By Ralph and James Boggs (1953)
On the first Monday in April 1835 the first election was held in Covington which resulted in the election of Gilbert D. Adams, Mayor, William Robinson, recorder, and Charles Orwan, Joshua Orr and Thomas McKinzie, trustees (later called councilmen).
On July 11, 1835 a constitution was adopted and Covington started on its career as a full fledged municipal corporation of the great commonwealth of Ohio. The officers provided for in the construction were as follows; mayor, recorder, trustees three, marshall, supervisor and collector, last three being appointed by the council. On July 30, 1835 seven ordinances were passed providing in many ways for the welfare of the community. The salaries of the council were fixed at twenty five cents for each day and twelve and one half cents for each night served in that capacity.
Things ran very smoothly until May 3, 1839 when the council imposed the first tax which was twelve and one half cents per head on swine, over three months old, that were allowed to run at large throughout the town. This tax created a great howl among the people but the tax remained.
A re-organization of the corporation was made in 1850 and on March 22 of that year an act was passed by State Legislature amending the charter of the village which fixed the corporation in the 1837 election, the mayor and recorder refused to serve limits and were fined two dollars each and the council appointed two men to fill their places. On May 17, 1841 the first ordinance pertaining to side walks in the village was passed. In 1842 the first hooks and ladders were purchased for a fire department and the first city fire examiners were appointed. The office of tax collector was established this same year with Henry Carmichael being appointed the first tax collector. In 1945 the council approved the erection of a bridge at the foot of Pearl Street on Piqua Turnpike.
The mayors of this period were: Gilbert D. Adams 1835, 1836, and 1837; Samuel Patterson elected in 1837 and refused to serve; Jeremiah Shade 1838; Noah Dewey 1839; Joseph Leonard 1840; George Deprees 1841; Andrew Diltz 1842, 1843, 1844, 1845; William Ross 1846; Andrew Diltz 1847; Joseph Leonard 1848; C. W. Carlton 1849 and James Purdy 1850 but replaced by B. Neff (1850) when the corporation was reorganized. The councilmen of this day were many but a few held the office for a number of years; Dr. R.N. Cox six years.; John Patterson six years; John Sowers six years; William McDowell five years and Hamilton Bartmess four years. The office of Treasurer was held held by only six men in this period with Samuel Ullery holding the office five times and Dr. Cox and Andrew Diltz each three years. The Marshalls were many and only one man held the position for any length of time, that being Joseph Marlin who was marshall three years. The office of Recorder also changed hands many times and here, too, only one man held the office longer than one year, he being James Purdy who served for four year.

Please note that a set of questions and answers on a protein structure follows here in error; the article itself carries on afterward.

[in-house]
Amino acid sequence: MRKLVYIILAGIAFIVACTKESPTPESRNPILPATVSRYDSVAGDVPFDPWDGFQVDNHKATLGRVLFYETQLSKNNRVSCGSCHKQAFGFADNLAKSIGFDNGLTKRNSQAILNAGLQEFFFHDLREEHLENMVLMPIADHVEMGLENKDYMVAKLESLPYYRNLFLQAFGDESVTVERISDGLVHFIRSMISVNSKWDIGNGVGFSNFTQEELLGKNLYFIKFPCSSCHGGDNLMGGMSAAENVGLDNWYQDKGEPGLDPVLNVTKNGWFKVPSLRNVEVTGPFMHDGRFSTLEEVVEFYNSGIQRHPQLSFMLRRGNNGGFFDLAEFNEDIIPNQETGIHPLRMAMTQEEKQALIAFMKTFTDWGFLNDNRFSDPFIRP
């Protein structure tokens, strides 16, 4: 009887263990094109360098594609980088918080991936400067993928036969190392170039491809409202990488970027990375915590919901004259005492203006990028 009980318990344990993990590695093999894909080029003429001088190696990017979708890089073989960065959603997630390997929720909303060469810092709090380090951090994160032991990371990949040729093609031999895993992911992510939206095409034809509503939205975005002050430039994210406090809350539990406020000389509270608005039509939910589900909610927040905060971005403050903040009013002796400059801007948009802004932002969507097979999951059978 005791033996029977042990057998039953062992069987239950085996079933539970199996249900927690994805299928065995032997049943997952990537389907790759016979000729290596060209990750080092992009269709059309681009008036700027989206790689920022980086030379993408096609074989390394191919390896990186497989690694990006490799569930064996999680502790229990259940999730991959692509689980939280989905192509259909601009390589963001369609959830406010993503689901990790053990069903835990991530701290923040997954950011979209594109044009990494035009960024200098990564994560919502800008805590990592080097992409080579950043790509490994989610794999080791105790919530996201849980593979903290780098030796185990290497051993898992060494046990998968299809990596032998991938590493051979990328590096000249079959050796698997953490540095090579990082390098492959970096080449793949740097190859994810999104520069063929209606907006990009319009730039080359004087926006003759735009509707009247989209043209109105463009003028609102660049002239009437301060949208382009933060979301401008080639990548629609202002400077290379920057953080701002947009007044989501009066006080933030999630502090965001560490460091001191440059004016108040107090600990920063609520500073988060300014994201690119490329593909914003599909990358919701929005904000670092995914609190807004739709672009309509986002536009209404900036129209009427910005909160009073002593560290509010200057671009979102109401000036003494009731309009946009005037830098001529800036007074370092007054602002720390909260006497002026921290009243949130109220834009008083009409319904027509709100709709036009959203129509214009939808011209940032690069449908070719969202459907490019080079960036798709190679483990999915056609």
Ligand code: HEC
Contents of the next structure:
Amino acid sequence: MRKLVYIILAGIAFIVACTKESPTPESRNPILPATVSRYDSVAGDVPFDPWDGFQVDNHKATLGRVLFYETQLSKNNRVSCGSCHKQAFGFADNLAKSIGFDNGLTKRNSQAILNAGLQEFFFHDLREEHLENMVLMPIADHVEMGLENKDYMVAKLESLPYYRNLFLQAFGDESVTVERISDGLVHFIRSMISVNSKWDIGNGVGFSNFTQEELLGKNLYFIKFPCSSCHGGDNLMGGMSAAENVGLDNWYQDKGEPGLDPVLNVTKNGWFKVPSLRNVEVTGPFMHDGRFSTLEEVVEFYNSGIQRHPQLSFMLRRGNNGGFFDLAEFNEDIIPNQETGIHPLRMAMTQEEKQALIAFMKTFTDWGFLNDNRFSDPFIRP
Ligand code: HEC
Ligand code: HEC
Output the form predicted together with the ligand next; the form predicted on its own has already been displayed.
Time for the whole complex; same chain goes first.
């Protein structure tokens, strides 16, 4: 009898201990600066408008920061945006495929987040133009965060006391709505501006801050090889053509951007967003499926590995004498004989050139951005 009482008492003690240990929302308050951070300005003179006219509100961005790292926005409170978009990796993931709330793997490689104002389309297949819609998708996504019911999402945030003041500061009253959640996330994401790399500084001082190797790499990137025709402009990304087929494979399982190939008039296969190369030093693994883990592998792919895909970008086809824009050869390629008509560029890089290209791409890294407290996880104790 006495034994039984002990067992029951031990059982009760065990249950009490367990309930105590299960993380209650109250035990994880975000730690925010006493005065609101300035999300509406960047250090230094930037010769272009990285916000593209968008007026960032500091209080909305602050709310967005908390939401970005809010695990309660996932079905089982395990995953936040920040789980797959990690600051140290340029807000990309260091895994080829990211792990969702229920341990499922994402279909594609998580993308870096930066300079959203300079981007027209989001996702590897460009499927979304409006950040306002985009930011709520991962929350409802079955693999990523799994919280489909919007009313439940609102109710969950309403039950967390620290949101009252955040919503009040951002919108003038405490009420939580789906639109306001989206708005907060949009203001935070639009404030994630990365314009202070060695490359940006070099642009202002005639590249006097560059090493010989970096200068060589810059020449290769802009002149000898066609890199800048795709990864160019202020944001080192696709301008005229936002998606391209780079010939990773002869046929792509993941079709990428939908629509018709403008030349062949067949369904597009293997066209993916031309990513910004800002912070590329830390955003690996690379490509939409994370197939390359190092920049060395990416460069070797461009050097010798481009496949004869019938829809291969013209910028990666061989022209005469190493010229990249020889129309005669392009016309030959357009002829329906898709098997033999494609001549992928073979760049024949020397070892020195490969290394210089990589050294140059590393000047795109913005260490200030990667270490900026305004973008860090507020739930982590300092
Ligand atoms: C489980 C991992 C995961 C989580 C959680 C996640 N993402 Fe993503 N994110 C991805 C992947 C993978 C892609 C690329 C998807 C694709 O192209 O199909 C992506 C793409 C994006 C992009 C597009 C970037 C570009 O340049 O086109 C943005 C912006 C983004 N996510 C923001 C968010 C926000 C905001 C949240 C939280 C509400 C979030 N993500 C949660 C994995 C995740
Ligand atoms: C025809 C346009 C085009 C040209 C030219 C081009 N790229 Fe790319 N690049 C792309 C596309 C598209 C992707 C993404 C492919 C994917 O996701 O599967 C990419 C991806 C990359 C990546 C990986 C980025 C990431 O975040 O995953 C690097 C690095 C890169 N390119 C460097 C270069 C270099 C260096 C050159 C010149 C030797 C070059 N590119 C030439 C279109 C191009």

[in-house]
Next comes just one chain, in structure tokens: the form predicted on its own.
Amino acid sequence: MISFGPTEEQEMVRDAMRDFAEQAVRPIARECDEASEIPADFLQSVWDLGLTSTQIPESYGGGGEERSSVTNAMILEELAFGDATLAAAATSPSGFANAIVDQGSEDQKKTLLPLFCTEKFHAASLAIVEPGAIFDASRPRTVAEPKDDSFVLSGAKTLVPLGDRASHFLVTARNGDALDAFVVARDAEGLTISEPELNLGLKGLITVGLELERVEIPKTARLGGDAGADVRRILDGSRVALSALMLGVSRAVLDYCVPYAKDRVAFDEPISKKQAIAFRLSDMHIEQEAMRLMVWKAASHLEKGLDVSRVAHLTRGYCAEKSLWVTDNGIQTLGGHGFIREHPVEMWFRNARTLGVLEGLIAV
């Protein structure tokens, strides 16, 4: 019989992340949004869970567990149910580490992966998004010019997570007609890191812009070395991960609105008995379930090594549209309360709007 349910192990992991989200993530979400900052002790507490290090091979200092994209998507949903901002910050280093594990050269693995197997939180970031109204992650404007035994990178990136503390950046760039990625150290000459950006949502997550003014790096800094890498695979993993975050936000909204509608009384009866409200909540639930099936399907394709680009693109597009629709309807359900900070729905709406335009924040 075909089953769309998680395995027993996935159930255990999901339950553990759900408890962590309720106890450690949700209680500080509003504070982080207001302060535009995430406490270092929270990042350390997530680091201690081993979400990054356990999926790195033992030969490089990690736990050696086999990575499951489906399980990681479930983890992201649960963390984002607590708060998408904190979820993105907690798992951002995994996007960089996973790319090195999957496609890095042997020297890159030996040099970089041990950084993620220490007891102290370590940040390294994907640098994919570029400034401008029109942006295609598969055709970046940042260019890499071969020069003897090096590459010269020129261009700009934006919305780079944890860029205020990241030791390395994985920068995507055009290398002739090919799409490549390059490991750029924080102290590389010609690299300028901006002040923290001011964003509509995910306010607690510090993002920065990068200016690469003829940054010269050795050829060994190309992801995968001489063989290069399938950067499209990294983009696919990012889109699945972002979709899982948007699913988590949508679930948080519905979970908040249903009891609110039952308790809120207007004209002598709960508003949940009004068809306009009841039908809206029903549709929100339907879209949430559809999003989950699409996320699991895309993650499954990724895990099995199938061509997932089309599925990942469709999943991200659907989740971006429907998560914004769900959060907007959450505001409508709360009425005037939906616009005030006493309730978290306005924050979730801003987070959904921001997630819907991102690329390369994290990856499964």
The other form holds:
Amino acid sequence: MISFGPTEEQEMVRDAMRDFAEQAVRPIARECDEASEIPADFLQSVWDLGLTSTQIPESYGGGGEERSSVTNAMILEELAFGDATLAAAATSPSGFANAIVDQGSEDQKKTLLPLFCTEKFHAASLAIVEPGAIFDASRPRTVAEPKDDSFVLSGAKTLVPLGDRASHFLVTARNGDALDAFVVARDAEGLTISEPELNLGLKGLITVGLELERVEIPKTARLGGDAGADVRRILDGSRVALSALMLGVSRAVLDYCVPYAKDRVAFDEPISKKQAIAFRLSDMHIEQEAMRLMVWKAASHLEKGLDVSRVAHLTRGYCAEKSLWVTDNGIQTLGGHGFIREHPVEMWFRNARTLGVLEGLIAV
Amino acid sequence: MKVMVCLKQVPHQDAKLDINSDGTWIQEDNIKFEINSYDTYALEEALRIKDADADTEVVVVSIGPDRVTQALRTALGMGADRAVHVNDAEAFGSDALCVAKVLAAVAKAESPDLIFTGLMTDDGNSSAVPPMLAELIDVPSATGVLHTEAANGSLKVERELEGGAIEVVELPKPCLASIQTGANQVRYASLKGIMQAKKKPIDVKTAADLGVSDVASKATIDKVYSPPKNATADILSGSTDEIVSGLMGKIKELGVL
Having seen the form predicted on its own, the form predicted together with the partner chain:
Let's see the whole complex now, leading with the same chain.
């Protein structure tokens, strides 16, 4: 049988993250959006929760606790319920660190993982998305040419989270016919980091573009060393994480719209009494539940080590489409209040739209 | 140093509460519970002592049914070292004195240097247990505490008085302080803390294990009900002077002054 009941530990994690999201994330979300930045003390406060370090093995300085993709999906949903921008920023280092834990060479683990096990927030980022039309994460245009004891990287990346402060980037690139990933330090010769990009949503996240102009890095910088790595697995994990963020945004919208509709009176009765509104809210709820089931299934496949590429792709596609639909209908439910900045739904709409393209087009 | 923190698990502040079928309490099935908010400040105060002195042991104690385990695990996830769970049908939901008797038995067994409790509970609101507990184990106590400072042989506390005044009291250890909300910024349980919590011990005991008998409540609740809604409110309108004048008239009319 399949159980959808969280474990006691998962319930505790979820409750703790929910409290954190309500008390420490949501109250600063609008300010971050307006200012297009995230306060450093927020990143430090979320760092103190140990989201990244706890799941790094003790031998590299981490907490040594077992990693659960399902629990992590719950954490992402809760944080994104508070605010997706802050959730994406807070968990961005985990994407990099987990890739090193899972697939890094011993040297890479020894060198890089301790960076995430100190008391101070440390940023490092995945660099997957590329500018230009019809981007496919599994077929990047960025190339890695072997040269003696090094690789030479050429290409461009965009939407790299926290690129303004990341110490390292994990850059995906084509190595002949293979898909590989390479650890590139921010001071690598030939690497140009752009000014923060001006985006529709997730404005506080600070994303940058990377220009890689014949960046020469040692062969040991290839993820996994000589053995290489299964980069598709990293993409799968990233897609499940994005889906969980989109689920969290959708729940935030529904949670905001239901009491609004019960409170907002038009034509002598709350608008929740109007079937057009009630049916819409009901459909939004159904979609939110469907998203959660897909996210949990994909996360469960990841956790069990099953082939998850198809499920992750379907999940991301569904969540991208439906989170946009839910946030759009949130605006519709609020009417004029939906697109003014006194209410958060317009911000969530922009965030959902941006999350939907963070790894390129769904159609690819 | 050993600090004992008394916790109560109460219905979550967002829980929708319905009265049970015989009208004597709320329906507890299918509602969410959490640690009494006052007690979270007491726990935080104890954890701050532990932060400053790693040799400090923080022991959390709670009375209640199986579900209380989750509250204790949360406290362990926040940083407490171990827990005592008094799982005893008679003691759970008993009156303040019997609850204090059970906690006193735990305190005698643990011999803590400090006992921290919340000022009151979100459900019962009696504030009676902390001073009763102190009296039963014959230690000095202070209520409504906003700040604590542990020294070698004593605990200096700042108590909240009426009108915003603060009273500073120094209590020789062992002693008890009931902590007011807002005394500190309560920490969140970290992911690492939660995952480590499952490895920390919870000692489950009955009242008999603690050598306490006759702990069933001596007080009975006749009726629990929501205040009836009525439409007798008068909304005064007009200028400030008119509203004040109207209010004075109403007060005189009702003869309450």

In 1830 the Troy-Greenville Road was, commenced which was to pass through Covington. This road was mud all the way and after a short time a few Trojans decided to build a better one. They constructed a plank road but the plank soon rotted in the swampy ground and forced the trial of gravel which proved to be a success. This road was finally completed in 1845 being the first gravel road in the county. It entered Covington on the east and continued down Wright Street and crossed the river just north of the present water works building and continued on west to Greenville. The first road built in Newberry Township was in 1816 but passed through Clayton to the north, having been the Piqua-Greenville Road. The Troy-Greenville Road was the first commenced in Covington but not the first completed.
In 1838 the businessmen of Dayton, seeing the importance of the increasing trade of the Stillwater Valley and foreseeing the danger of its being diverted to the just completed Miami Canal, organized the Dayton and Covington Turnpike Co., secured stock and began construction in 1839. When the success of this venture was secure and well under way Piqua moved to connect themselves with the Dayton-Covington Turnpike in order to secure the rich farm products from the Stillwater Valley and Darke County. They formed a company and bridged the six miles of black swamp between the Miami and Stillwater Rivers with the Old Covington Pike. The Dayton and Covington Pike was completed in 1841 and the the Piqua-Covington Pike joined it in 1843. This made Newberry Township the first in the county with three turnpikes and gave Covington a daily mail and stage route.